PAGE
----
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K-State Today

May 23, 2013

General Faculty Resolution on Faculty and Unclassified Professional Salaries

By Kirk Schulz

On Tuesday, I received the Kansas State University General Faculty Resolution on Faculty and Unclassified Professional Salaries from Faculty Senate President Julia Keen. I appreciate and share the passion and concerns expressed by many of you through this resolution. 

The resolution has attracted the attention of the Kansas Board of Regents, who stated support for competitive salaries. As Provost April Mason and I outlined in a letter to campus last week, I will soon share a three-year-compensation plan for faculty and staff salaries, following the completion of the 2013 Kansas legislative session and a first reading on June 6 by the Kansas Board of Regents of our tuition and fees proposal.  This plan was developed based on recommendations from the Faculty Compensation Task Force and additional feedback from them last month. We fully anticipated having this plan out to the university community in April, but with continued discussions on higher education funding in Topeka, we delayed providing this until the Legislature has finished deliberations.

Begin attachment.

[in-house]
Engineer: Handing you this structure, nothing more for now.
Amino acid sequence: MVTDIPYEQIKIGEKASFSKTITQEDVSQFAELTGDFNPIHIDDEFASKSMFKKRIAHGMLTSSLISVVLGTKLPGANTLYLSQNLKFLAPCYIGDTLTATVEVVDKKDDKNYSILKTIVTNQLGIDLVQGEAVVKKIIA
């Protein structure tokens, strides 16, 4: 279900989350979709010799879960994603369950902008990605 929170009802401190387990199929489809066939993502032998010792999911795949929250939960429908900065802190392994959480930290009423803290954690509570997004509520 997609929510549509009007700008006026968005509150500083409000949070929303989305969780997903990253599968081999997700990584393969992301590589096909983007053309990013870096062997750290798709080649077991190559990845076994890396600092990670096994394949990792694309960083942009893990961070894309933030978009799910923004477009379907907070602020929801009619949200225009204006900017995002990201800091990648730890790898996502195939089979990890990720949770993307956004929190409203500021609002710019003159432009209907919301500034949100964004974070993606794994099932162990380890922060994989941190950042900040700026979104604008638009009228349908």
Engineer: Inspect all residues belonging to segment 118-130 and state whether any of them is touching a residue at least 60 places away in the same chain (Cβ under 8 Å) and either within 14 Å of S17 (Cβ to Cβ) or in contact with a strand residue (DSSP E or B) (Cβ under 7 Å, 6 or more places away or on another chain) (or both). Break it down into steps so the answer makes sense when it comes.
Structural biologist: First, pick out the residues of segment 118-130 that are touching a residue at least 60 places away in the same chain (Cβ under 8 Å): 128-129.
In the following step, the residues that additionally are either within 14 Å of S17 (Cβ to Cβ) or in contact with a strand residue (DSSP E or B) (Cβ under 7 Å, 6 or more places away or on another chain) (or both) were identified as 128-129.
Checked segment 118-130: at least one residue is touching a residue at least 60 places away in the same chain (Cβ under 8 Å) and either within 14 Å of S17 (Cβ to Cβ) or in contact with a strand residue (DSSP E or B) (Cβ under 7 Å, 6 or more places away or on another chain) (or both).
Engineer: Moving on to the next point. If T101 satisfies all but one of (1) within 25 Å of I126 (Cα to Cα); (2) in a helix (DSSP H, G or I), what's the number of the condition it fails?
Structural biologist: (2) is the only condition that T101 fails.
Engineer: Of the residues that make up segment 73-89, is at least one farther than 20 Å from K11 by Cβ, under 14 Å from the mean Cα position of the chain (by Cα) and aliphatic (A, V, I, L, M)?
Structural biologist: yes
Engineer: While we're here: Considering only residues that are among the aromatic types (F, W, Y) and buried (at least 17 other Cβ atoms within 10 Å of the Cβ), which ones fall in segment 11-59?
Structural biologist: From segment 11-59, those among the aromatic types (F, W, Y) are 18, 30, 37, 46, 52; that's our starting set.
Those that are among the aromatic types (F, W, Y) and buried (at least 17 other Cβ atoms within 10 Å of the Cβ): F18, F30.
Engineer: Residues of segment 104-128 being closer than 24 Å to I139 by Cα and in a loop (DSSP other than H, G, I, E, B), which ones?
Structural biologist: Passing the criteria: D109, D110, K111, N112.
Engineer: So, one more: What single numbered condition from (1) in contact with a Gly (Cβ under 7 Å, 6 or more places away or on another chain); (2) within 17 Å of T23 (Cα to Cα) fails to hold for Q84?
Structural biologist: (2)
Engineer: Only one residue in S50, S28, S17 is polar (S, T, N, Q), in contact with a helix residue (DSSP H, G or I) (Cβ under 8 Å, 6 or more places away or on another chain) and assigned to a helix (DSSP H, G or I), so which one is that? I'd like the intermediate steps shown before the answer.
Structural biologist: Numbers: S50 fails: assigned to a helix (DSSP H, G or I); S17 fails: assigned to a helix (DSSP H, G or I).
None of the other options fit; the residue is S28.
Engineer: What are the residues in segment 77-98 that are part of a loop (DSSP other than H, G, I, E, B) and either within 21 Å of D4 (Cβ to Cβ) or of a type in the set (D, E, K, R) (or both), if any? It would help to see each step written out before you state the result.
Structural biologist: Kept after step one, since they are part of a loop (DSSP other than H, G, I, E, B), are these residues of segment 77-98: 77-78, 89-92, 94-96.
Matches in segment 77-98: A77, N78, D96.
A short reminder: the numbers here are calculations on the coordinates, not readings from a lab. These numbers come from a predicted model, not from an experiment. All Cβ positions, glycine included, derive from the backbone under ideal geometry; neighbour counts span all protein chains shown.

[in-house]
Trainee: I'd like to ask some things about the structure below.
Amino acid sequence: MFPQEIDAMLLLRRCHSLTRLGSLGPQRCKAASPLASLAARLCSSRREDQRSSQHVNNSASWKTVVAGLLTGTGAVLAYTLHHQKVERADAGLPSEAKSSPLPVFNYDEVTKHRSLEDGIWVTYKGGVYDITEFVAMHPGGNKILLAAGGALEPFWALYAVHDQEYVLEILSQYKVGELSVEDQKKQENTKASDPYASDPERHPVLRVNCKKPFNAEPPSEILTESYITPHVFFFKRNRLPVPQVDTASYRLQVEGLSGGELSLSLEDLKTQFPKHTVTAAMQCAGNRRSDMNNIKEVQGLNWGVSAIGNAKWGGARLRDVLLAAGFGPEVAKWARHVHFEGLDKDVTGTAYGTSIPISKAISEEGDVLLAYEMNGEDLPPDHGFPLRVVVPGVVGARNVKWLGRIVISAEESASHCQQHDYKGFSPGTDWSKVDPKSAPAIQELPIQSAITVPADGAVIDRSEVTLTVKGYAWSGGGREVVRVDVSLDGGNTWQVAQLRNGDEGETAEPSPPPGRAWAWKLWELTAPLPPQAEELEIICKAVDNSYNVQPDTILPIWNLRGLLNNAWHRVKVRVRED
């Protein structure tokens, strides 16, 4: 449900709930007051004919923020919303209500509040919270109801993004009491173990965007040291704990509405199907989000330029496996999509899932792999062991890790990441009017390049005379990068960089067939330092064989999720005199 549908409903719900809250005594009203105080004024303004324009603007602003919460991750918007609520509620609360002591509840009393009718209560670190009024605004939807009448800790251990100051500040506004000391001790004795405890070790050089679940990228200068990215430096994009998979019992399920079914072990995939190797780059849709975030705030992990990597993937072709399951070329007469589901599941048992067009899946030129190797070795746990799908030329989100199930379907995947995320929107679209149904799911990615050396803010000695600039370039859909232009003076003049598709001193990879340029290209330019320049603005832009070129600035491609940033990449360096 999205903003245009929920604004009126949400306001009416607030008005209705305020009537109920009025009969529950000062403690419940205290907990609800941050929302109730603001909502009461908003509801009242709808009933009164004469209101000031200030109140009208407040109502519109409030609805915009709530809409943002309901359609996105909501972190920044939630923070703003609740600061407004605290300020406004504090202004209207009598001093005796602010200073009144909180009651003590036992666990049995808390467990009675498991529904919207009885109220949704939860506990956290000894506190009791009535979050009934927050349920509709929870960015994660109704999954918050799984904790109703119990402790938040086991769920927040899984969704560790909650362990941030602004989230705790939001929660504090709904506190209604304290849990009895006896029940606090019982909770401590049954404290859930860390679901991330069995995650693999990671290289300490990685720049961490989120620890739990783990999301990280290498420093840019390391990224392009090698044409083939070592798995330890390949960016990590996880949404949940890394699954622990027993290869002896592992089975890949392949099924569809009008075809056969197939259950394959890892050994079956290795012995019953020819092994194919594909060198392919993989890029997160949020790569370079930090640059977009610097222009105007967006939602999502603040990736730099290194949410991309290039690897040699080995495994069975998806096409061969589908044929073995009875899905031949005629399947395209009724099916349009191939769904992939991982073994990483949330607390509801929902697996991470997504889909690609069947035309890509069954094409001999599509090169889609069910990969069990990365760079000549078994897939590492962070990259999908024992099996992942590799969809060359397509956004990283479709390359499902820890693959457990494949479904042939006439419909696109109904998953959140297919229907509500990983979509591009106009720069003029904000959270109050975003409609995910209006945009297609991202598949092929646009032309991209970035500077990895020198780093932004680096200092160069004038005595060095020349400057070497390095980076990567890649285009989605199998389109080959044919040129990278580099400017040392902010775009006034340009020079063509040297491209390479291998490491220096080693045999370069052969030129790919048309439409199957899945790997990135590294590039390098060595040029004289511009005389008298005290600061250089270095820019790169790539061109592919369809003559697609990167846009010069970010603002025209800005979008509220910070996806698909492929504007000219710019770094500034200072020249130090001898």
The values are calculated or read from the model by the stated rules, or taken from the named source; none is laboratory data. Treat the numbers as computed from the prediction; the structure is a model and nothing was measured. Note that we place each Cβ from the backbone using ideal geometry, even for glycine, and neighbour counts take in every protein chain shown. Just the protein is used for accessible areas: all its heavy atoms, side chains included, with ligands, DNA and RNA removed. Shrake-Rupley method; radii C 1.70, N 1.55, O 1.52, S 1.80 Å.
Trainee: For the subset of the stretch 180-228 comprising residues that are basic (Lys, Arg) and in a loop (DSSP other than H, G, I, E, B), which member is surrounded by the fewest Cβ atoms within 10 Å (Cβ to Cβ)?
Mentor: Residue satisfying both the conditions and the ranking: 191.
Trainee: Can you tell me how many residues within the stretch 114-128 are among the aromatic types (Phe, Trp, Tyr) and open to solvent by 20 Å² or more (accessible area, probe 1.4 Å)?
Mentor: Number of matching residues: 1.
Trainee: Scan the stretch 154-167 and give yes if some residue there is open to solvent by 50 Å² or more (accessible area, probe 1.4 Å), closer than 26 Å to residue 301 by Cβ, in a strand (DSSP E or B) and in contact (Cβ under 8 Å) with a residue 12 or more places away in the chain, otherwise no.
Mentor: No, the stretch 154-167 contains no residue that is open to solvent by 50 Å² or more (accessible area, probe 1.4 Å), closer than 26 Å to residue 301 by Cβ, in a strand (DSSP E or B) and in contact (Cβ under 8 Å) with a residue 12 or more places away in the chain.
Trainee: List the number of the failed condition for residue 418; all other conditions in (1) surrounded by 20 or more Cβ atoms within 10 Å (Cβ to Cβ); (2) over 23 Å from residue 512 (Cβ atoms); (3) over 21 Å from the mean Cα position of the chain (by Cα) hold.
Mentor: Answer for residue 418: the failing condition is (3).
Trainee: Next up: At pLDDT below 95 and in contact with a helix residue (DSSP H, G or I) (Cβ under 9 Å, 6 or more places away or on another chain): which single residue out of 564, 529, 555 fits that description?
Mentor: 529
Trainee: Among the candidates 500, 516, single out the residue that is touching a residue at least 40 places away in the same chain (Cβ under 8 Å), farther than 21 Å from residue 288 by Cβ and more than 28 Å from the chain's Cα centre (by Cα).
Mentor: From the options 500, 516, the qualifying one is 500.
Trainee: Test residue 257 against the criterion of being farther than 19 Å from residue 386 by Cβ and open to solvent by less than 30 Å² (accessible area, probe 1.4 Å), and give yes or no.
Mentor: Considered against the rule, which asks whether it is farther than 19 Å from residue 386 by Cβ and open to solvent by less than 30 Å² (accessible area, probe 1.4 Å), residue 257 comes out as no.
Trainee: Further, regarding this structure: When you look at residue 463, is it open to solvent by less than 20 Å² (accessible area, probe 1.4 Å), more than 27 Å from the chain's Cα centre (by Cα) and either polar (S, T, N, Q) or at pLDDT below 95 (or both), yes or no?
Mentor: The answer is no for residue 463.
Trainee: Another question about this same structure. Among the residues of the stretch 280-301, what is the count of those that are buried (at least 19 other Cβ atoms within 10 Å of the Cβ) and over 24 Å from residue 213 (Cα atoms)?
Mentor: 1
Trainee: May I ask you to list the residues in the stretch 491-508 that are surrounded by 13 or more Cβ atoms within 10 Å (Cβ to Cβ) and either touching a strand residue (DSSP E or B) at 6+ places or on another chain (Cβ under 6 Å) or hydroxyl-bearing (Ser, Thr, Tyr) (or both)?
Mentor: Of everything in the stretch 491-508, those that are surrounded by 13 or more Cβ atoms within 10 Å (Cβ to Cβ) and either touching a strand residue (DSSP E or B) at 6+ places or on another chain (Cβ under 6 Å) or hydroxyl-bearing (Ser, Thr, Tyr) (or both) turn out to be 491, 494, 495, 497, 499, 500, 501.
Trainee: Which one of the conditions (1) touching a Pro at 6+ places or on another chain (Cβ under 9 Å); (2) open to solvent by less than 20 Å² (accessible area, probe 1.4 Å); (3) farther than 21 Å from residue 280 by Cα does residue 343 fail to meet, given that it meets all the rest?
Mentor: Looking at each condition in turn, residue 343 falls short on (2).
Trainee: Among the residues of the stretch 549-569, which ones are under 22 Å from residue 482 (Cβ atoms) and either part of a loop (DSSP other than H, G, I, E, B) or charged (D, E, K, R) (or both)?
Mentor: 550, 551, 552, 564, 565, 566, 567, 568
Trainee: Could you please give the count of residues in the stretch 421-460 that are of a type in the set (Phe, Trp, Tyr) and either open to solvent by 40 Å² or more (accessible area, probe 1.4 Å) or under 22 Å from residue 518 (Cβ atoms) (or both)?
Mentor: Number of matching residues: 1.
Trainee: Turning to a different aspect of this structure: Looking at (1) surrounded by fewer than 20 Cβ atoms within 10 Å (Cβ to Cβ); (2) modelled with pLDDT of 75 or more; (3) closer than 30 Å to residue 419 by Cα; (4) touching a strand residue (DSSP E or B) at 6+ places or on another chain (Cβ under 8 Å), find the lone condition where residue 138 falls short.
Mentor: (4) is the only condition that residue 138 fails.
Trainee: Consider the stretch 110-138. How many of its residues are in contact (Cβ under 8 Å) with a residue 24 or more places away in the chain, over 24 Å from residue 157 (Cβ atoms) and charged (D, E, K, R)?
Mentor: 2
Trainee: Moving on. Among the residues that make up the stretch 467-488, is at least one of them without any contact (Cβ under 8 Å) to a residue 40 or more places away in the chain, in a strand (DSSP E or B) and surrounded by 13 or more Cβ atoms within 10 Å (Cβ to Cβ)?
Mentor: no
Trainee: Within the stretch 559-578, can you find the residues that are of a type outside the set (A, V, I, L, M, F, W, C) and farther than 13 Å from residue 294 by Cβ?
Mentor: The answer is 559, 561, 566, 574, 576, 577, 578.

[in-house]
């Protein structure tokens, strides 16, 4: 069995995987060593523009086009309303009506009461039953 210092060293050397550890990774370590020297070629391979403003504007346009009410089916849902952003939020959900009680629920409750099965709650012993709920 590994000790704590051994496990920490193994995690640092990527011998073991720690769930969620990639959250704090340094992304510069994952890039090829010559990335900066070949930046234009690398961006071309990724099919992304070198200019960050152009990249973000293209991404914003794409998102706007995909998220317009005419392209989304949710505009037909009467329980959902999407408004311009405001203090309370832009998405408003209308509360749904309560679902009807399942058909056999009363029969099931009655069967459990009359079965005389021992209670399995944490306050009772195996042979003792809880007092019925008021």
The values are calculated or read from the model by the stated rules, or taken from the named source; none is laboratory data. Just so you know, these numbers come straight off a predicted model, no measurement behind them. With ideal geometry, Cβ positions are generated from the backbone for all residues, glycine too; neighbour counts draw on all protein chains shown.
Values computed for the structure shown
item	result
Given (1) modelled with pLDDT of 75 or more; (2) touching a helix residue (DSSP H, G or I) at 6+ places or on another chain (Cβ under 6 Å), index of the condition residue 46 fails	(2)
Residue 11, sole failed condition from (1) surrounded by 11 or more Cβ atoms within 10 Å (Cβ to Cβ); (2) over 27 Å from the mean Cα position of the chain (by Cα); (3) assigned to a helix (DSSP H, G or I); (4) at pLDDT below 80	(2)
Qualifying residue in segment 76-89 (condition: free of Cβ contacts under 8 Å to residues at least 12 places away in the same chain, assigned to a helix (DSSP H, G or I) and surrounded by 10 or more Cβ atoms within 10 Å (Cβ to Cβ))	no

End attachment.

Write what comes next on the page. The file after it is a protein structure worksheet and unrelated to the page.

Several considerations are key to this compensation plan:

  • First, we heard you clearly articulate the need to provide merit increases to recognize outstanding work by our faculty and staff.
  • Second, we need to add new tenure-track faculty lines to accommodate increasing numbers of undergraduate and graduate students.
  • Third, we need to increase the promotion increments for faculty members as they successfully move up the faculty ranks.
  • Fourth, we must maintain successful long-term initiatives such as the Professorial Performance Awards.
  • Fifth, we will not make progress on faculty and staff salaries if we take budget cuts from the State of Kansas.
  • Finally, we need to measure our progress annually and publicly by faculty rank against our peers as laid out in K-State 2025.

The resolution included a moratorium on upper administrative pay increases and creation of new administrative positions. It would be irresponsible on my part to adopt such a direction as policy. We must maintain our flexibility to do what’s in the best interests of the university with regard to any specific positions or personnel decisions as we move forward with K-State 2025.

Warren Staley, retired CEO of Cargill and K-State alumnus, spoke at two graduation ceremonies last weekend. At the graduate school commencement, he said, “A key characteristic of a leader is not what he or she says, but what they do." I appreciate and fully support the need to increase faculty and staff compensation, including finding ways to address the concerns of classified staff.

Together we committed to improving compensation by including it in the K-State 2025 visionary plan – we cannot achieve the excellence to which we aspire without it.  I look forward to working together with all of you in the coming year to achieve our shared goals to advance Kansas State University.